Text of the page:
Microfinance is the provision of loans and other financial services to the poor. The microfinance has evolved due to the efforts of committed individuals and financial agencies to promote self-employment and contribute to poverty alleviation and provision of social security. India has been able to develop its own model of microfinance organizations in the form of savings and credit groups known as the Self Help Group (SHGs), which are bank-linked. These SHGs are mainly formed and managed by women and this has become an instrument, which has led to women's empowerment and social change. Most of the microfinance institutions in India attempt to go beyond savings and credit groups to provide microfinance services in the form of savings and insurance.
Microfinance provides financial services to those whose income is small and unstable. These people are in need of credit facilities for several reasons (i) their needs are small and arise suddenly (2) the institutional providers of finance namely the banks demand collateral security which they cannot provide (3) most of the time, they are in needs of funds to meet their consumption demands, for example, to meet expenses related to education, illness, funerals, weddings for which it is difficult to obtain institution finance (4) for purpose of investment in income generating activities.1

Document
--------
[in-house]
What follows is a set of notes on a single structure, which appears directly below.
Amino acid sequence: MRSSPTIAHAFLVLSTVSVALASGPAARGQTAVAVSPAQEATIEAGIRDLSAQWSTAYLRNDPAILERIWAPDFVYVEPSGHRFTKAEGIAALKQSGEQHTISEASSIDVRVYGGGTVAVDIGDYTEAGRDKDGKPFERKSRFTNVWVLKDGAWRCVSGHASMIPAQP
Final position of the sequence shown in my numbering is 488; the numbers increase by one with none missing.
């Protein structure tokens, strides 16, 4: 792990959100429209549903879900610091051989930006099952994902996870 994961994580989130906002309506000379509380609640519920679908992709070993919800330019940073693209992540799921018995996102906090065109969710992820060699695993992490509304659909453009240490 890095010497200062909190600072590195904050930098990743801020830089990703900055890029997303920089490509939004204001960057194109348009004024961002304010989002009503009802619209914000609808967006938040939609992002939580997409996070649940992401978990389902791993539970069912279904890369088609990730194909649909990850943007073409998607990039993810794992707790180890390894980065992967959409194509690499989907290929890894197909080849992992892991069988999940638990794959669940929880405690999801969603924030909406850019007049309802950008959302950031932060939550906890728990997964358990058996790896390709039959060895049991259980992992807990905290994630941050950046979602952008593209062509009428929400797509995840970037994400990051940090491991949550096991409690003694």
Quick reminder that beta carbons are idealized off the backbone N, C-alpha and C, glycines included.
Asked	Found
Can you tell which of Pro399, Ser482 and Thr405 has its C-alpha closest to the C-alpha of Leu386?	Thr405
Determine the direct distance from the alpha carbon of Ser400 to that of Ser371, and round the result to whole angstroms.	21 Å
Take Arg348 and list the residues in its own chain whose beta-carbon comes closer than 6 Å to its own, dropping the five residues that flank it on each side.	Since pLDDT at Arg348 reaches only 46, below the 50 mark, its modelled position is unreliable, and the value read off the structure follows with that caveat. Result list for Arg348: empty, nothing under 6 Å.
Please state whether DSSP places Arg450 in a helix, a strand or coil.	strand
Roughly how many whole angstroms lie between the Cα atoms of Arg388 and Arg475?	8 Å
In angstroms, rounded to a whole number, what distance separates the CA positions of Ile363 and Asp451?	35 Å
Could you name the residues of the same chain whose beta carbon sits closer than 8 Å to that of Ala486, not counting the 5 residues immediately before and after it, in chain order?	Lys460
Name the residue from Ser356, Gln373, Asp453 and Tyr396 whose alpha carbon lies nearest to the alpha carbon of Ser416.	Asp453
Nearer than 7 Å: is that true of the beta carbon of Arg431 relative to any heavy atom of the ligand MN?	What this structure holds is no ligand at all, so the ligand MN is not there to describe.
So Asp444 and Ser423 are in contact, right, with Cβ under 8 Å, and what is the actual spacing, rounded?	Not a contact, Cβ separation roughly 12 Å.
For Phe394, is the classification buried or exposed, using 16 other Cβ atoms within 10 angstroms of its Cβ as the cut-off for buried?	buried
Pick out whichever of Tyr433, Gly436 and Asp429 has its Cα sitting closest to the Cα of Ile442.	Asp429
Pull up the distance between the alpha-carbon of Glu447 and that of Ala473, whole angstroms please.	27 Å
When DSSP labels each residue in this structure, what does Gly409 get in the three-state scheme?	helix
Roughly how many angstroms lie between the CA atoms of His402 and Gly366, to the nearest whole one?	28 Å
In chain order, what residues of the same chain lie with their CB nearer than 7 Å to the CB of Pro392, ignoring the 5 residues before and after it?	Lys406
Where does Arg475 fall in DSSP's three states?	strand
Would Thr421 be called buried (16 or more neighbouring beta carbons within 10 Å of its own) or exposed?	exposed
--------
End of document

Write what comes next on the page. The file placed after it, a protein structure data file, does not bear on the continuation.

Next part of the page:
Concept of Self Help Group (SHGs) is the most exciting discovery in the context of microfinance. The Indian microfinance scene is dominated by SHGs and their
linkage with Banks. Owing to the importance of microfinance and self help groups in the eradication of poverty and in the empowerment of women.
3.0 The Concept of Microfinance
Microfinance is a concept that is helping the poor to avail of an create opportunities for economic growth. In India, microfinance has fulled the efforts of rural development, women empowerment and wealth generation by providing small scale savings, credit, insurance and other financial services to poor and low income households. Microfinance thus serves as a means to empower the poor and provides a valuable tool to help the economic development process.